Categories Consumer, Earnings Call Transcripts

Kraft Heinz Company (KHC) Q1 2021 Earnings Call Transcript

KHC Earnings Call – Final Transcript

Kraft Heinz Company (NASDAQ: KHC) Q1 2021 earnings call dated Apr. 29, 2021

Corporate Participants:

Christopher Jakubik — Head of Global Investor Relations

Miguel Patricio — Chief Executive Officer

Paulo Basilio — Chief Financial Officer

Rafael Oliveira — International Zone President

Carlos Abrams-Rivera — U.S. Zone President

Analysts:

Andrew Lazar — Barclays Capital — Analyst

Robert Moskow — Credit Suisse — Analyst

Bryan Spillane — Bank of America Merrill Lynch — Analyst

Rob Dickerson — Jefferies — Analyst

Alexia Howard — Bernstein & Co., LLC — Analyst

Jason English — Goldman Sachs — Analyst

Ken Goldman — J.P. Morgan — Analyst

Laurent Grandet — Guggenheim Securities — Analyst

Steve Powers — Deutsche Bank — Analyst

Presentation:

Operator

Ladies and gentlemen, thank you for standing by and welcome to The Kraft Heinz Company First Quarter Results Conference Call. [Operator Instructions] I would now like to turn the conference over to your host, Mr. Chris Jakubik, Head of Global Investor Relations for The Kraft Heinz Company. Please go ahead, sir.

Christopher Jakubik — Head of Global Investor Relations

Thank you and hello everyone. This is Chris Jakubik, Head of Global Investor Relations at Kraft Heinz Company, and welcome to our Q&A session for our first quarter 2021 business update. As you know, during our remarks today, we will make some forward-looking statements that are based on how we see things today. Actual results may differ due to risks and uncertainties and these are discussed in our press release and our filings with the SEC. We will also discuss some non-GAAP financial measures today during the call and these non-GAAP financial measures should not be considered a replacement for and should be read together with GAAP results. And you can find the GAAP to non-GAAP reconciliations within our earnings release.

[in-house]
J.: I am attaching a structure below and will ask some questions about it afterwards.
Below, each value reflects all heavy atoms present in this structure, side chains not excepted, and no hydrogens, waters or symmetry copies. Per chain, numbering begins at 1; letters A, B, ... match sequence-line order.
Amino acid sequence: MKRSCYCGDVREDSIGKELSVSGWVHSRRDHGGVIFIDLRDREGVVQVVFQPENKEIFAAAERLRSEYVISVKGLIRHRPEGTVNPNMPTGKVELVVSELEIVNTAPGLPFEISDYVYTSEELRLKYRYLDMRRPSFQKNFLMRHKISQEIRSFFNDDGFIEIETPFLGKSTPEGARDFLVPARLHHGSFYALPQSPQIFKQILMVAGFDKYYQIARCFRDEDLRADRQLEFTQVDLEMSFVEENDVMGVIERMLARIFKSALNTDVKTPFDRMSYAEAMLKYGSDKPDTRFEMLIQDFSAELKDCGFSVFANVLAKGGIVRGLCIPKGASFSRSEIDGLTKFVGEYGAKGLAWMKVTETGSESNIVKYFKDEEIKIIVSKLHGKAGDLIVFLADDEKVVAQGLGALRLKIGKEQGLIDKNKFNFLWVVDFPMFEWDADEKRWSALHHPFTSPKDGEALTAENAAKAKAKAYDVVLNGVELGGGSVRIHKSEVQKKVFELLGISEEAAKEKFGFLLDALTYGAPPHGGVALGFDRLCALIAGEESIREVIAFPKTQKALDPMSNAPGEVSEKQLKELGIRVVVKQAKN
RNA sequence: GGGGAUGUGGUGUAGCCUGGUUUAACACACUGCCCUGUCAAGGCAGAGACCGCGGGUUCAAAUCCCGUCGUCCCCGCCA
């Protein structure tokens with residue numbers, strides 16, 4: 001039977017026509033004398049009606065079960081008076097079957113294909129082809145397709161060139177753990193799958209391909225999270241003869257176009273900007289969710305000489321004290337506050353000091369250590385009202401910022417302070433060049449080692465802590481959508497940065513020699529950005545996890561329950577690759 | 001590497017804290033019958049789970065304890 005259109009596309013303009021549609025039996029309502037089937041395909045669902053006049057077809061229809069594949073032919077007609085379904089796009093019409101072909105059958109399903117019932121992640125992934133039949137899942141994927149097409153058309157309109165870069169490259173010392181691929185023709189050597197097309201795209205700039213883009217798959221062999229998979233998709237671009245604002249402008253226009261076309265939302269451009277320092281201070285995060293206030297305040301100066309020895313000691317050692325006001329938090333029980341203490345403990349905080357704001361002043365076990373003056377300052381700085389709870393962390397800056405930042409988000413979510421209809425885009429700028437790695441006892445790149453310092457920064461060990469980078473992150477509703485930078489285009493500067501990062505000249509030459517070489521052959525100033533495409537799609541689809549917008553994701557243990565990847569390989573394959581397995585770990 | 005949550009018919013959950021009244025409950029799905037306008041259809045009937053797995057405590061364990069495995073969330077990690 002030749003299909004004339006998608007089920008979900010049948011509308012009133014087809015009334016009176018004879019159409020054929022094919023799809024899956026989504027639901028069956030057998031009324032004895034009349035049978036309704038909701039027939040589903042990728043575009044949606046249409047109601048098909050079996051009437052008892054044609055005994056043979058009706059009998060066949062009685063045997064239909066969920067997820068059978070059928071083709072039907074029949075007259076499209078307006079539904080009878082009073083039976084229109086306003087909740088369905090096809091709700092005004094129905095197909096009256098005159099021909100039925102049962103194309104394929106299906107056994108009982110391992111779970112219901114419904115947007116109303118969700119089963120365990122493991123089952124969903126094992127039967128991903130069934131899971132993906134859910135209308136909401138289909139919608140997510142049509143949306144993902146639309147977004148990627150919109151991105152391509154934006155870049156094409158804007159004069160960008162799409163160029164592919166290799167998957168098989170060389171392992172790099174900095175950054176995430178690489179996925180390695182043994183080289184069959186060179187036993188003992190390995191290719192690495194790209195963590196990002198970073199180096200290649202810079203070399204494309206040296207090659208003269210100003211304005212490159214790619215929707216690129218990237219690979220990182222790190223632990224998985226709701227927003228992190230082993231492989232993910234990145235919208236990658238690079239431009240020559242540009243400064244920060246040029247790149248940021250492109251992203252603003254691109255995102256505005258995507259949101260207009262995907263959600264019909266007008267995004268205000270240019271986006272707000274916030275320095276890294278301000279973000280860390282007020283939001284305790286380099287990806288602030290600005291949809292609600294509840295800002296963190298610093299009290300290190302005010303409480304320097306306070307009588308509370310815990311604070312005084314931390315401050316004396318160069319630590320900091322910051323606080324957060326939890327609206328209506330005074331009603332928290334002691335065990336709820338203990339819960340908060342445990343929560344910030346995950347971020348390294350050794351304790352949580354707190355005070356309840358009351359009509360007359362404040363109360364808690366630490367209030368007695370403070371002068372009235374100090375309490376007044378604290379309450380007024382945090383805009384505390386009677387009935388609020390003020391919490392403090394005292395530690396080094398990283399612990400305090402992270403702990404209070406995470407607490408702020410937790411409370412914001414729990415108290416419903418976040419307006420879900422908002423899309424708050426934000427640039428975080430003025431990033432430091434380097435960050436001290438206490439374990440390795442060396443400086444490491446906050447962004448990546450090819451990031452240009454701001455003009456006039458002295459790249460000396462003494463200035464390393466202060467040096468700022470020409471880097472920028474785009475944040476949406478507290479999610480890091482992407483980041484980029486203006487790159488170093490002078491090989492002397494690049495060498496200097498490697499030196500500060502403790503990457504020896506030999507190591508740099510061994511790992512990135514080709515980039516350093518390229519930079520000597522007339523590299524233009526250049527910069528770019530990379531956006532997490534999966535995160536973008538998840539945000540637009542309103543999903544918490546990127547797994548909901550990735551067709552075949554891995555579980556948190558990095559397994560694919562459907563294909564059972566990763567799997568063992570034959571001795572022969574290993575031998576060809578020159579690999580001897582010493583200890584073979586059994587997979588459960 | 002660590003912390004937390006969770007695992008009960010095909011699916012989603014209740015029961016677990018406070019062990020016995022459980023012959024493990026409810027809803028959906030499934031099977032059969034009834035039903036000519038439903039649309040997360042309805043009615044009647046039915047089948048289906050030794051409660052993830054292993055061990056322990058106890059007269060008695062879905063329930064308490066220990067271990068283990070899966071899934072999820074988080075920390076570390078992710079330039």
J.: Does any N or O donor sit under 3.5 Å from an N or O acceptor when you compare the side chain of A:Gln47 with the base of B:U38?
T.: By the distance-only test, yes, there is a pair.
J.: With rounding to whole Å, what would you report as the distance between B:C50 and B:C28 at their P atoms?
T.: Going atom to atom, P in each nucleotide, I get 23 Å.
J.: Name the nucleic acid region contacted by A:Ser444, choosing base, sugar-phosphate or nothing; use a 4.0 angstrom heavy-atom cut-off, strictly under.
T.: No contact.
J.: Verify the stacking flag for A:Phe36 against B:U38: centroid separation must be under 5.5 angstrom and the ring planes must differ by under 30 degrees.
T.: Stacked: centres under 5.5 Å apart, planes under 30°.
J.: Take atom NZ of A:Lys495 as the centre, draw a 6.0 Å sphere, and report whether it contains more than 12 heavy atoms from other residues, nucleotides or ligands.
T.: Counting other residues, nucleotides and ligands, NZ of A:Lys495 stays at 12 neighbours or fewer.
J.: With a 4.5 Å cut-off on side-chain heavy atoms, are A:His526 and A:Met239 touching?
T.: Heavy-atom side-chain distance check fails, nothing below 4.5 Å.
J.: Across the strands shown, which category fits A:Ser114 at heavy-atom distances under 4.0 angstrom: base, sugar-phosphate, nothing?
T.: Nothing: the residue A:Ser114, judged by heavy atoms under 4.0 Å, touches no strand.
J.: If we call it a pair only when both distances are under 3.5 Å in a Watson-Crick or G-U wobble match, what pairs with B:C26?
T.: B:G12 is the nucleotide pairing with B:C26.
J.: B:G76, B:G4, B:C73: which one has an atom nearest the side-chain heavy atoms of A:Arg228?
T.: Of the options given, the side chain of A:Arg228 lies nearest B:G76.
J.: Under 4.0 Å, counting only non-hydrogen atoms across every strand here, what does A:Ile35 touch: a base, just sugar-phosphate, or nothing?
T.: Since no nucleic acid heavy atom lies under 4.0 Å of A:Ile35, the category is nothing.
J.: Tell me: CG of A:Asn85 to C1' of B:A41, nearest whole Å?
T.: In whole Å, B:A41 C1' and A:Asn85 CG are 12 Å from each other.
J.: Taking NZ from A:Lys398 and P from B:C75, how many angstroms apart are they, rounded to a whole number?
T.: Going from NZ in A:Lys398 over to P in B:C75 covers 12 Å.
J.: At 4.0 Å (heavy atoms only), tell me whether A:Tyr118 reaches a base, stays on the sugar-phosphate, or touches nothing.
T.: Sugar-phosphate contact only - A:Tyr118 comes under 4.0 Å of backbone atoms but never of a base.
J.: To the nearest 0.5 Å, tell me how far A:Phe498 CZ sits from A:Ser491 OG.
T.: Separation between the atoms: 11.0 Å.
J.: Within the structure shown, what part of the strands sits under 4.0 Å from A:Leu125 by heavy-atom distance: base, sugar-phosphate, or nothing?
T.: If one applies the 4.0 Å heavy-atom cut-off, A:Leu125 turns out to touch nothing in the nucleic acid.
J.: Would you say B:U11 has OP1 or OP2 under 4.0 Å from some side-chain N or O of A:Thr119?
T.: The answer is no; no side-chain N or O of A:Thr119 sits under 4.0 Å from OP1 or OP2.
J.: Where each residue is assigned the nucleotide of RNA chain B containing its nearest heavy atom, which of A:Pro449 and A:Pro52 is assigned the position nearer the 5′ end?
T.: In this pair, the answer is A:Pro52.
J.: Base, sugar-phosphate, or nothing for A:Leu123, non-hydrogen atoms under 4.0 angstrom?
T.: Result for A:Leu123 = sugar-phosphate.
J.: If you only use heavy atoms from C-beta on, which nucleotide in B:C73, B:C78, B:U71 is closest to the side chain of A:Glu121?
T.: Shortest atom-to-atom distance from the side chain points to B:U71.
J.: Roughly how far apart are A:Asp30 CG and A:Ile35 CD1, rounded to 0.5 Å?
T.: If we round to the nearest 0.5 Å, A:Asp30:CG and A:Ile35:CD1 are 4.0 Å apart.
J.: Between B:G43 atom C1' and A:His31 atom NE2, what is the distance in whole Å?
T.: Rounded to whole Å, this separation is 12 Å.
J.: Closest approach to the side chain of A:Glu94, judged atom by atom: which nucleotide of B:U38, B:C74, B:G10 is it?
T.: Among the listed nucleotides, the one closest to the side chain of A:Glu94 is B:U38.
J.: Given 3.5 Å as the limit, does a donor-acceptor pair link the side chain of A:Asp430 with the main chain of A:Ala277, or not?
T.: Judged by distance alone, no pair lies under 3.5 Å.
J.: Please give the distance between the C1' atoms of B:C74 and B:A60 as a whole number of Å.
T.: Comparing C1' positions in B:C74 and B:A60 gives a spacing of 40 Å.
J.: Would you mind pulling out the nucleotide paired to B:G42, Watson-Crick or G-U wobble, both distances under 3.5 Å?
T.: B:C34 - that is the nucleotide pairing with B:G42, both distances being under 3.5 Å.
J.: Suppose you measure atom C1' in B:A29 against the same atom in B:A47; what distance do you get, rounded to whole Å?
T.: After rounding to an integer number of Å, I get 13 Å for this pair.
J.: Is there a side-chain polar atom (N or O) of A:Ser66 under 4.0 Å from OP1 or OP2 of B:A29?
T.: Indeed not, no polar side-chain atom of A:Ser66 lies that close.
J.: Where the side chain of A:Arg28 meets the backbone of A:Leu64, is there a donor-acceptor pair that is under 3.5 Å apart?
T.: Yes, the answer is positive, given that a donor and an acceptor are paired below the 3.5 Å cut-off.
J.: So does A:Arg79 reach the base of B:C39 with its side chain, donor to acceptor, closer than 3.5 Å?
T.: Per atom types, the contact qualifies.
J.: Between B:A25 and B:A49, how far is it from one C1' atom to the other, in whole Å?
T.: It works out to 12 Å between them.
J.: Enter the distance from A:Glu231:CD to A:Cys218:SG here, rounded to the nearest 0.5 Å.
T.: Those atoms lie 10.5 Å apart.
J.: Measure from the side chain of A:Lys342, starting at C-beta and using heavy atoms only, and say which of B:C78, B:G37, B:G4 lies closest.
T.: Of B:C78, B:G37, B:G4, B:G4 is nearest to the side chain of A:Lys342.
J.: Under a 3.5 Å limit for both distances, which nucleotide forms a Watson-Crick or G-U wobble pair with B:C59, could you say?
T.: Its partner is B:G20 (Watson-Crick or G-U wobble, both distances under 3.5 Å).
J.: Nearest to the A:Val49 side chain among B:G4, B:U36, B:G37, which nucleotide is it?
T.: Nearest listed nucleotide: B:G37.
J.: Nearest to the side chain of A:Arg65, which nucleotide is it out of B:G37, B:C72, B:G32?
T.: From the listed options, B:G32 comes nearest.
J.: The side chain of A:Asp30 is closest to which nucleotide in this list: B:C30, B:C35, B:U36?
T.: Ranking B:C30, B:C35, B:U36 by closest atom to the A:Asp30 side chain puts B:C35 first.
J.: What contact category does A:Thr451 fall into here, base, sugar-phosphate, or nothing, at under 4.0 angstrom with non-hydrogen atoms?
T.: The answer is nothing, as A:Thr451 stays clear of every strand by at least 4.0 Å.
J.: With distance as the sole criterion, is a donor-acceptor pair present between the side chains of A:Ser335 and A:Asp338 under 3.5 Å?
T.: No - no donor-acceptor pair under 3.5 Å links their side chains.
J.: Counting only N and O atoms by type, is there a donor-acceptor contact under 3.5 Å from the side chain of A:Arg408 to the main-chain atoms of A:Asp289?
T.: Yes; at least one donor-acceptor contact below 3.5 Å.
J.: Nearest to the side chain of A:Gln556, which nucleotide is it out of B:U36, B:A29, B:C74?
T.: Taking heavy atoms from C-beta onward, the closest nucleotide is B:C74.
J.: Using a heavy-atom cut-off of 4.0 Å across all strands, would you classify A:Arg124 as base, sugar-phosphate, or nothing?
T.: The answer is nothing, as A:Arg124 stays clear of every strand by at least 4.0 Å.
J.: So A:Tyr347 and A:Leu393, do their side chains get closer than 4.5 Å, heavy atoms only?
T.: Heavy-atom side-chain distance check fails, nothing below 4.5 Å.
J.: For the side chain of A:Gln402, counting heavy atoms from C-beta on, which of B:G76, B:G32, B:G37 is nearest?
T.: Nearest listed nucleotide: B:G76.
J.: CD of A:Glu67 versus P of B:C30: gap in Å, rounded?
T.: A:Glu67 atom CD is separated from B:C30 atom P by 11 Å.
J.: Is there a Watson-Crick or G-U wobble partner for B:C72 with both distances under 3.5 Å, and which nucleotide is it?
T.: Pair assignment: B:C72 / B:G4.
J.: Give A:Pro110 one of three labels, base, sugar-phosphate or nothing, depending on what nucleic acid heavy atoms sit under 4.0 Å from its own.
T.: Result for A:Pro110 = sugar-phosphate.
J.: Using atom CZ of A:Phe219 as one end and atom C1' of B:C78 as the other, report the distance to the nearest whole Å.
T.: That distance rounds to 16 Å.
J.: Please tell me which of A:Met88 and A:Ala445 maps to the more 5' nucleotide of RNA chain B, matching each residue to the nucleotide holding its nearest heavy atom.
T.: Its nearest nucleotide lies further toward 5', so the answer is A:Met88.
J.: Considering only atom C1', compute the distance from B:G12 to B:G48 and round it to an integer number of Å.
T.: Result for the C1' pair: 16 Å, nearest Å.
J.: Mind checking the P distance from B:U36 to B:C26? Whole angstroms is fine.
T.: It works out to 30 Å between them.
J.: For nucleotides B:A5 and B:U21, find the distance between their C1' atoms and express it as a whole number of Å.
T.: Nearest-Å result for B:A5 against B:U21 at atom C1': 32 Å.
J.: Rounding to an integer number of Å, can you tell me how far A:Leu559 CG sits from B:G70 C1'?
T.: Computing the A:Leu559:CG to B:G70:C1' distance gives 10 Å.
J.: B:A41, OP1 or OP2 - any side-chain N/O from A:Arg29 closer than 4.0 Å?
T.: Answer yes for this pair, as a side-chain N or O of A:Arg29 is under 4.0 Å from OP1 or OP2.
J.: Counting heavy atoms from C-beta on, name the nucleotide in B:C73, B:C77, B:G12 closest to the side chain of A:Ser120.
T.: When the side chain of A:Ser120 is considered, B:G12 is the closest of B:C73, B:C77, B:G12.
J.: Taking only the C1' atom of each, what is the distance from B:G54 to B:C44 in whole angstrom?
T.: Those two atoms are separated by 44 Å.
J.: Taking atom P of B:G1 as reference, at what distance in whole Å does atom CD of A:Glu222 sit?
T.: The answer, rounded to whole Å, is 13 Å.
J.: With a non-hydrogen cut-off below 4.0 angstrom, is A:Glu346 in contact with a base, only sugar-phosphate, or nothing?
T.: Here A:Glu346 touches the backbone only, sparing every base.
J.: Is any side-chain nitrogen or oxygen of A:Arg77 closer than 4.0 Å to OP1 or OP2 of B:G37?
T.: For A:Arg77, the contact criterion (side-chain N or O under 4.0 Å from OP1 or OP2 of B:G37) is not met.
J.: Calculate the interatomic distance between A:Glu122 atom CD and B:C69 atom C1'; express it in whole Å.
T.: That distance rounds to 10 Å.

Before we begin, I’m going to hand it over to our CEO, Miguel Patricio for a few quick opening remarks. Miguel?

Miguel Patricio — Chief Executive Officer

Yeah. Well, thank you Chris. I just wanted to start our discussion today with a few overall thoughts. First, that we have had a very, very encouraging start of the year, both topline and bottom line with our strongest growth in priority platforms and markets, especially in under-developed countries with a very strong result. We were able to hold household penetration gains even as markets begin to open and effectively managing inflation and supply constraints. We are also very encouraged by our progress with the initiatives to accelerate our advantage in different areas like in marketing, be more agile and more creative in retail and foodservice joint business plans, in unlocking capacity in Grow and Energize platforms.

And also on bringing efficiencies — growth efficiency gains that we continue tracking to be about $400 million in the year. That said we feel that it’s still too early to change our outlook for the full year. We could expect 2021 financials to be ahead of our strategic plan and we are expecting mid single-digit growth in Q2 2021 versus the same period in ’19. At the same time, we should see stronger but manageable inflation beginning in Q2. Finally, we are pleased with additional financial flexibility that we are building. We continue to aggressively reduce debt and our divestures are on track to further increased flexibility.